The patient group was subjected to investigations such as complete blood count, T3, T4, TSH, neck ultrasonography, chest radiograph, and fine needle aspiration cytology.

Statistical analysis

The data were coded, entered, and processed on an IBM-PC personal computer using SPSS (version 15). P-value less than 0.05 was considered the cut-off value for significance [5]. The χ2 -test was used to test the association between variables for categorical data. The Fisher exact test was performed for the values in the table, which were less than 5. Odds ratio and confidence interval were used to detect the risk factors of diseases.

 Results



The study was conducted during the period between April 2010 and October 2011 at surgery department, Menoufia University Hospital. Forty patients with different thyroid diseases were included in this study. Of the 40 patients operated upon by total thyroidectomy in our study, eight patients (20%) suffered from complications: six patients (15%) suffered from transient hypoparathyroidism [four latent tetany (10%) and two manifest tetany (5%)], one patient (2.5%) suffered from unilateral partial recurrent laryngeal nerve injury, and one patient (2.5%) suffered from difficult intubation. T3 and T4 levels in blood were determined in all patients and revealed that 28 patients (70%) were euthyroid (normal T3, T4), two patients (5%) were hypothyroid, and the remaining 10 patients (25%) were hyperthyroid (toxic). Gland nodularity was found in 36 patients (90%), tracheal shift in two patients (5%), and retrosternal extension in two patients (5%). Indications of total thyroidectomy, complications of total thyroidectomy, local clinical findings and thyroid profiles can be shown in [Table 1],[Table 2],[Table 3] and [Table 4] respectively.{Table 1}{Table 2}{Table 3}{Table 4}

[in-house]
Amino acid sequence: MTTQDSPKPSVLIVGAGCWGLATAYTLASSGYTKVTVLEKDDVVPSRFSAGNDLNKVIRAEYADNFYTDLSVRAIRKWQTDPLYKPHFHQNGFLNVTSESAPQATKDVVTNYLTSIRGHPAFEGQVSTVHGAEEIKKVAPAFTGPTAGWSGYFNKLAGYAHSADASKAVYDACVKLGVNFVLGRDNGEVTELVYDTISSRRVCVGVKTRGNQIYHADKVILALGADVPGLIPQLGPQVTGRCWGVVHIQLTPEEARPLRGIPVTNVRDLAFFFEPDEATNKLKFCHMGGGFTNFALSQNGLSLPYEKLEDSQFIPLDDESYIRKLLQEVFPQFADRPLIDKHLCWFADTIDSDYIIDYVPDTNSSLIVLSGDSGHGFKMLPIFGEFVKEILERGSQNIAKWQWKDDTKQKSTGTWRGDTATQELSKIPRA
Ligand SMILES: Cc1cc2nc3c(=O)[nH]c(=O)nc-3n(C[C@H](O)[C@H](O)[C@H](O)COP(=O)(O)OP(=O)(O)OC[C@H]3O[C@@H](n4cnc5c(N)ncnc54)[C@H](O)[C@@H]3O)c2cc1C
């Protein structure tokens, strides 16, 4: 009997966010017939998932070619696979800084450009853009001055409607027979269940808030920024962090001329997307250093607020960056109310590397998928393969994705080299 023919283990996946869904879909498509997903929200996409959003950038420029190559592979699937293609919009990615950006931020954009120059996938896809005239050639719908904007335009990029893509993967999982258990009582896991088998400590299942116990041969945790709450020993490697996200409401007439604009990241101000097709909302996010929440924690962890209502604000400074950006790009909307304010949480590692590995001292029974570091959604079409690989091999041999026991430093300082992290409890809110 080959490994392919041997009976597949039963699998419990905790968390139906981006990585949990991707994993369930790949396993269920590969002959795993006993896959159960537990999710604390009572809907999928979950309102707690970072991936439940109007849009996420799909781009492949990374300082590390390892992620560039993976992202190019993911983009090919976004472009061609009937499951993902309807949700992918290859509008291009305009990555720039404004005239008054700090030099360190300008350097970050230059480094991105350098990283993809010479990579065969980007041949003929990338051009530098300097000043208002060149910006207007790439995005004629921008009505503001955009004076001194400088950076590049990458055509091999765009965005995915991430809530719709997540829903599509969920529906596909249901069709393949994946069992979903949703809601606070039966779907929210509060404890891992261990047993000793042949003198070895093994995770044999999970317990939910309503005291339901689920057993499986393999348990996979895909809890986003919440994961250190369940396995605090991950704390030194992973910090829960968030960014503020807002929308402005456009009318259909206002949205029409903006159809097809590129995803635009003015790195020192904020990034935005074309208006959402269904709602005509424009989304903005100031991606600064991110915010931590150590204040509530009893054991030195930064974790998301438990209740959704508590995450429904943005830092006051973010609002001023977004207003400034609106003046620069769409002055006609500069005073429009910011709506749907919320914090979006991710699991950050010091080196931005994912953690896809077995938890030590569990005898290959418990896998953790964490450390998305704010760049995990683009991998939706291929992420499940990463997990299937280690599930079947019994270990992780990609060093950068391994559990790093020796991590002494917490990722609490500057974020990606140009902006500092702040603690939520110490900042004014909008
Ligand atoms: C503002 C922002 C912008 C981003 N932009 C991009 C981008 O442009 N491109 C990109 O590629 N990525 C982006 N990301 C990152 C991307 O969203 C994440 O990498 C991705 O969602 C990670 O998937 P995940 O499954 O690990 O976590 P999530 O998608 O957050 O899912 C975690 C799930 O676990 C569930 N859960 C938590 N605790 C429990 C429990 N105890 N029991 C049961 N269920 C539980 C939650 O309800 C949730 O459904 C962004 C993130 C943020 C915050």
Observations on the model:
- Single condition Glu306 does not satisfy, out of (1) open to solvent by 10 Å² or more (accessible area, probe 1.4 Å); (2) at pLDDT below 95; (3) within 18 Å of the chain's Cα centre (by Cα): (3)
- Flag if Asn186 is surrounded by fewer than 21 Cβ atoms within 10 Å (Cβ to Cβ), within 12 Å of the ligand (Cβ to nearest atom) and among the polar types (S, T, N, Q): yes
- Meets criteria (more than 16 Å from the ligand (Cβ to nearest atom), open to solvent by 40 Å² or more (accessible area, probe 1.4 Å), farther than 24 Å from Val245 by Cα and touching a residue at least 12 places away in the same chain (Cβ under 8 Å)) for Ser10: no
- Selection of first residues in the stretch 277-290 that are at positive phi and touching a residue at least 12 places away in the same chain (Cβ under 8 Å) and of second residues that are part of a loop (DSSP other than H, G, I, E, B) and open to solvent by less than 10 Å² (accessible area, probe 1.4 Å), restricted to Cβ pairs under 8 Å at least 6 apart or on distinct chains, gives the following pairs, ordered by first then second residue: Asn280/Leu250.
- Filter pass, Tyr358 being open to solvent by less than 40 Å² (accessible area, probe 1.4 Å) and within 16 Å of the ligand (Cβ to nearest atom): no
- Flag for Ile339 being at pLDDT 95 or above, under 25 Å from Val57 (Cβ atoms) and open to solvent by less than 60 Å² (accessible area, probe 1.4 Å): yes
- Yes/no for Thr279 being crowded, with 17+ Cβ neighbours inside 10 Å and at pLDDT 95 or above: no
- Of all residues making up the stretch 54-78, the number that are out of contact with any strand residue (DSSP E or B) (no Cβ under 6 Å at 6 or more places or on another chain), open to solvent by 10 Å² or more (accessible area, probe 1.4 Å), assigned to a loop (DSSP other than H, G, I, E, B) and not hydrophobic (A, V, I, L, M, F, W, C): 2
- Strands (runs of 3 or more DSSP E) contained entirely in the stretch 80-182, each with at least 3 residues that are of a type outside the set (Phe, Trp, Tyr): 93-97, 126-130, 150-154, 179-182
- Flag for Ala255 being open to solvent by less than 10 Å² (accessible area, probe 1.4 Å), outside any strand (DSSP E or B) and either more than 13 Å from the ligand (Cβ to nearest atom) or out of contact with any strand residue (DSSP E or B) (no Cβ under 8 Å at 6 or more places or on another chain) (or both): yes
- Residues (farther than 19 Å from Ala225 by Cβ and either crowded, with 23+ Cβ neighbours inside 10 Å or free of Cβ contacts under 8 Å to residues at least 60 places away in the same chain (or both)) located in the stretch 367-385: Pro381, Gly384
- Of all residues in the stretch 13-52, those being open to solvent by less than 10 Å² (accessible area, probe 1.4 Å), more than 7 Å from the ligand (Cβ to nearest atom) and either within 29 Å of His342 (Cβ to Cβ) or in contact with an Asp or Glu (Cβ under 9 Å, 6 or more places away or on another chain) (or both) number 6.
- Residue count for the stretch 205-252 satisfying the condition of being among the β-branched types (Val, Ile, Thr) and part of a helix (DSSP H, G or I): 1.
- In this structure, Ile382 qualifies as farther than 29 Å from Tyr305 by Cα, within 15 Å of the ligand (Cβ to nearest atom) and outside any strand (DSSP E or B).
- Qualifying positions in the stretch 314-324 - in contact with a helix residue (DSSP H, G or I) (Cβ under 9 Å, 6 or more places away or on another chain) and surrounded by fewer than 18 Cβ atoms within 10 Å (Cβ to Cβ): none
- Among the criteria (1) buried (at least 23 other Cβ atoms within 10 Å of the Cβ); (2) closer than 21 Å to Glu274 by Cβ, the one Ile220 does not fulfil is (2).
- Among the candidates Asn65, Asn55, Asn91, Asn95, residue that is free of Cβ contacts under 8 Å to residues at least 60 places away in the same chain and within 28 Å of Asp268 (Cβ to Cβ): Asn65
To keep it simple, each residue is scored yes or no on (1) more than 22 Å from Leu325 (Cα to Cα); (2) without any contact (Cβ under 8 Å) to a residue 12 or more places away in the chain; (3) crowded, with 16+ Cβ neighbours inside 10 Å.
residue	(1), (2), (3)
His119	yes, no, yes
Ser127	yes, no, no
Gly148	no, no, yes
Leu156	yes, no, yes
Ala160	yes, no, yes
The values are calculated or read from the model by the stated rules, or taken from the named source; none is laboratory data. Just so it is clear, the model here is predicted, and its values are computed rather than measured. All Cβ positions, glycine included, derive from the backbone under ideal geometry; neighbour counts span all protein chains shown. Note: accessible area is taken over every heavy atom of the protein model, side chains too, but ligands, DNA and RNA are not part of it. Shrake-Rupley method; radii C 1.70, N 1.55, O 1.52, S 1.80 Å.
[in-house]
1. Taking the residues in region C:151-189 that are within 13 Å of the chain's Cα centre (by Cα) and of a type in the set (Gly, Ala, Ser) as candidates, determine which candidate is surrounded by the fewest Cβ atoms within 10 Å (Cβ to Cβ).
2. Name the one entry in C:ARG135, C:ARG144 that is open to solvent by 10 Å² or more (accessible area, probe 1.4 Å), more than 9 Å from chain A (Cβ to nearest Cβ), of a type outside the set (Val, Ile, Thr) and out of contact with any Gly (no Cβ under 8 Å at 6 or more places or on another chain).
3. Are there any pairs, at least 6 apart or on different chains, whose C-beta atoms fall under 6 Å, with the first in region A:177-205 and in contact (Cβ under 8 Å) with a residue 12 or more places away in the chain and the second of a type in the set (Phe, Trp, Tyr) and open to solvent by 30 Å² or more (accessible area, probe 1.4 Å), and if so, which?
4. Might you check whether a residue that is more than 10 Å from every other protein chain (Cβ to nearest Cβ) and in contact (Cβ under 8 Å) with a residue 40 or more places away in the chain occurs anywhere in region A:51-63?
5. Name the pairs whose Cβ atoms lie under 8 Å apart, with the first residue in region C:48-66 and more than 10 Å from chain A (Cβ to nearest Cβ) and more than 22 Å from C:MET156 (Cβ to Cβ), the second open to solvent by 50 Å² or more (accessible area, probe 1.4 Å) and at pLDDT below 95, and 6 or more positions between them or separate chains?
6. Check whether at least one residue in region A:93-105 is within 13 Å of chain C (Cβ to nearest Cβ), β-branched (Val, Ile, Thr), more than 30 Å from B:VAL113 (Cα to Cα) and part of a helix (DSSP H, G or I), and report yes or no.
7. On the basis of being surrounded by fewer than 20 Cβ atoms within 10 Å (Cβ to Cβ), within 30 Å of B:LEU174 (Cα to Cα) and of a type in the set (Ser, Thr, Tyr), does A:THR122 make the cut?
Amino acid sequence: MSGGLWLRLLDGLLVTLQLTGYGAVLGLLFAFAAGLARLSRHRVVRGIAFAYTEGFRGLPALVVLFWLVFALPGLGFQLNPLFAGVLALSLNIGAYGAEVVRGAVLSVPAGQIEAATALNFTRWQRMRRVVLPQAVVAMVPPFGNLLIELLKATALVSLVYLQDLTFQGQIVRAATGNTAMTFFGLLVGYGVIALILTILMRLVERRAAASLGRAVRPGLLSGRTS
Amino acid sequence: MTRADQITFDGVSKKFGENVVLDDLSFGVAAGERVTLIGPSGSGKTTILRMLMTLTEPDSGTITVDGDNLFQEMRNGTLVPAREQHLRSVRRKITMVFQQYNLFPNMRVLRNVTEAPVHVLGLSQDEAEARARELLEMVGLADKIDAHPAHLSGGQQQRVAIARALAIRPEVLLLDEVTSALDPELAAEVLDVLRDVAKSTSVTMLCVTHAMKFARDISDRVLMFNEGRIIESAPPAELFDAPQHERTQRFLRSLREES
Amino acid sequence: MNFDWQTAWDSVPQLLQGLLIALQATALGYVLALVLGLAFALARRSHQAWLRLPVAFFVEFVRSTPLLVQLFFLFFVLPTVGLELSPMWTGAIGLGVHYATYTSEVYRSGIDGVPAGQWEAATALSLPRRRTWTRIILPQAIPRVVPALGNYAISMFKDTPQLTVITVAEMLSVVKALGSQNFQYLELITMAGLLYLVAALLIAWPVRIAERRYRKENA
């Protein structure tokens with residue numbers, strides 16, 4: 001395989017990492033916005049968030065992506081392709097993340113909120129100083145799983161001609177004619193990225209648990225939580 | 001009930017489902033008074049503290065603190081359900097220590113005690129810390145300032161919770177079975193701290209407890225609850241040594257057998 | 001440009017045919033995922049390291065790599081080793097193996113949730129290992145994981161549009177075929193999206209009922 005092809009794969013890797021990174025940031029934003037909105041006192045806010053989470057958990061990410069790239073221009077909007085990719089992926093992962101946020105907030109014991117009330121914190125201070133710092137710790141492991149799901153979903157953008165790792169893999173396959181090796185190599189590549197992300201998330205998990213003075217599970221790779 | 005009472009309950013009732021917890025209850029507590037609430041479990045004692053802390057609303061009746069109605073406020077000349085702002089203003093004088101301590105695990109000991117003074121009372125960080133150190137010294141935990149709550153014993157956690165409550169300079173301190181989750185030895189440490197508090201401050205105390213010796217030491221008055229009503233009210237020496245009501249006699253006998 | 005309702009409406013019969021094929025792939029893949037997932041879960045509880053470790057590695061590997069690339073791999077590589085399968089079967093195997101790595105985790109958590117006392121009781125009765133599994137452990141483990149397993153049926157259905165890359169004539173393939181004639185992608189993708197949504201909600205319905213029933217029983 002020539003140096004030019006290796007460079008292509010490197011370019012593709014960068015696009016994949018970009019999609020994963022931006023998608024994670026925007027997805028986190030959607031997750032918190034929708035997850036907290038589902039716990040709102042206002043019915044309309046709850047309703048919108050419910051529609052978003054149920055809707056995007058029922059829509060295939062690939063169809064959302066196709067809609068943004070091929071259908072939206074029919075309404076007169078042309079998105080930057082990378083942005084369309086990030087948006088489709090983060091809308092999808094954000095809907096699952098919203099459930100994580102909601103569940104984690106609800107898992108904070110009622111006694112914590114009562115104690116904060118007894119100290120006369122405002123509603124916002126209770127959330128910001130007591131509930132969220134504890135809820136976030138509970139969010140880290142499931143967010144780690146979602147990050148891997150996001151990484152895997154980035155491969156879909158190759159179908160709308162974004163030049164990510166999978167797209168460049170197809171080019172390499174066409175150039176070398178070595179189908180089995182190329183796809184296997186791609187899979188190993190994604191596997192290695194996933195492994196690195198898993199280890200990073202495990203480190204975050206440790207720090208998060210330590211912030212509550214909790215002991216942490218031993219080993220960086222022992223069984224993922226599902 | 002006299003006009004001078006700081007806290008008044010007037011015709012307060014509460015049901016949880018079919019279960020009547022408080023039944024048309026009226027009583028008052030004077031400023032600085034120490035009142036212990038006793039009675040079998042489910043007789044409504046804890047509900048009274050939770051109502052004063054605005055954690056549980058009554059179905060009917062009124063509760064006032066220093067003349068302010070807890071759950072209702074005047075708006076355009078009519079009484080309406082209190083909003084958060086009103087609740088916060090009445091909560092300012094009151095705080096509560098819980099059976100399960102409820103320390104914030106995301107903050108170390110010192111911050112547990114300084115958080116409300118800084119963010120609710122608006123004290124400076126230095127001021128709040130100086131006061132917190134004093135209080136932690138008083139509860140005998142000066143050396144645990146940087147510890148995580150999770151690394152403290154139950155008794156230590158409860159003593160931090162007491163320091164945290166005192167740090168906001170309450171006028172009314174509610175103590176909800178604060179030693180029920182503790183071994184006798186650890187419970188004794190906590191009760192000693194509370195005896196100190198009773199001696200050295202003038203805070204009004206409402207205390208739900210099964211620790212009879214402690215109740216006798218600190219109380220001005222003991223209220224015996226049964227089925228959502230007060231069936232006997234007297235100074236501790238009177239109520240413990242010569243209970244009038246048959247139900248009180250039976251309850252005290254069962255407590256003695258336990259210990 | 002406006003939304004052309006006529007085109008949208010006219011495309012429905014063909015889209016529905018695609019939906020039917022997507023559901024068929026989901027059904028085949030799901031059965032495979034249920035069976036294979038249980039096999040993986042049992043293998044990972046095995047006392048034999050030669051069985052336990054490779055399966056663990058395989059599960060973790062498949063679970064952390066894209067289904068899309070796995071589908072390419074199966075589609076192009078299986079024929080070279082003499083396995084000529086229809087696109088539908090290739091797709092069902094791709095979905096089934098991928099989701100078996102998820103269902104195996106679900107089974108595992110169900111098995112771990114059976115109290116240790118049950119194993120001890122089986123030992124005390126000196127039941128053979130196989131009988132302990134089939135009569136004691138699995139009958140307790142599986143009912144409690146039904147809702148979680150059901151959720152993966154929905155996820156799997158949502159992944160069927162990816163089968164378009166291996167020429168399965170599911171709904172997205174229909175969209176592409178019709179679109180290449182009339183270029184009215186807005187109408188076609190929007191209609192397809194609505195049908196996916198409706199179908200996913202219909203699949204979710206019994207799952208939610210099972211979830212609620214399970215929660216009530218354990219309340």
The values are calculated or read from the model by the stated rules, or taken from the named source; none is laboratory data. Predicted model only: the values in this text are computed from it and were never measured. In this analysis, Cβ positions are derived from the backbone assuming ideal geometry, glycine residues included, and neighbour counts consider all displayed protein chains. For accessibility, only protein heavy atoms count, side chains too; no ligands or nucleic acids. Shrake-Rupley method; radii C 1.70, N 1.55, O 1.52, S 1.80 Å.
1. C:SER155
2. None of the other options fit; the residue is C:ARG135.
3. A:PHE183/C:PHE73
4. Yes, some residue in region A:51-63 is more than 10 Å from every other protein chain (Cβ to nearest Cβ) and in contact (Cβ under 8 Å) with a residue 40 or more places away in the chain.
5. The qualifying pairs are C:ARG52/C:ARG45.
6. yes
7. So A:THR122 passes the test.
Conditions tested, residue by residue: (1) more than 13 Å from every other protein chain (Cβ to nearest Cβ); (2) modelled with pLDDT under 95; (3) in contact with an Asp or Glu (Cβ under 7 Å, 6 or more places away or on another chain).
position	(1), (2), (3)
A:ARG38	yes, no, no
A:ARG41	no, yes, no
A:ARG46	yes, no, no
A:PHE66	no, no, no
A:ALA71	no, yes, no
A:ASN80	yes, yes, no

Discussion



The extent of thyroidectomy in the management of benign thyroid enlargement remains a matter of debate and shows a large spectrum of management strategies.

The aim of these strategies was to perform the most effective treatment with least number of complications and without the need for a second intervention, which is difficult and carries more complications to the patient.

This study aims to evaluate the value, safety, and visibility of the routine use of total thyoidectomy in bilateral benign thyroid diseases, with special emphasis on the incidence of two major postoperative complications namely recurrent laryngeal nerve injury and hypoparathyroidism.

Total thyroidectomy is a logical treatment when the pathology involves both lobes and if there is a high risk of recurrence as in benign multinodular goiter and Graves' disease [5].

Total thyroidectomy in benign thyroid disease can avoid reoperation in nodular goiter and hyperthyroidism and eliminate any subsequent risk of malignant change in radiated thyroid glands.

A low complication rate can be achieved using meticulous surgical technique. Total thyroidectomy can be performed safely in bilateral benign thyroid disease [6].

Total thyroidecotmy is performed in Graves' disease and toxic multinodular goiter. Surgery seems to be a good alternative to antithyroid agents, which are constraining and often ineffective in the long term [7].

Total thyroidectomy is the treatment of choice in multinodular goiter and thyroiditis, when there is bilateral gland involvement, and in Graves' disease because it decreases the likelihood of future repeated operations for recurrent disease [8].

 Acknowledgements



Conflicts of interest

None declared.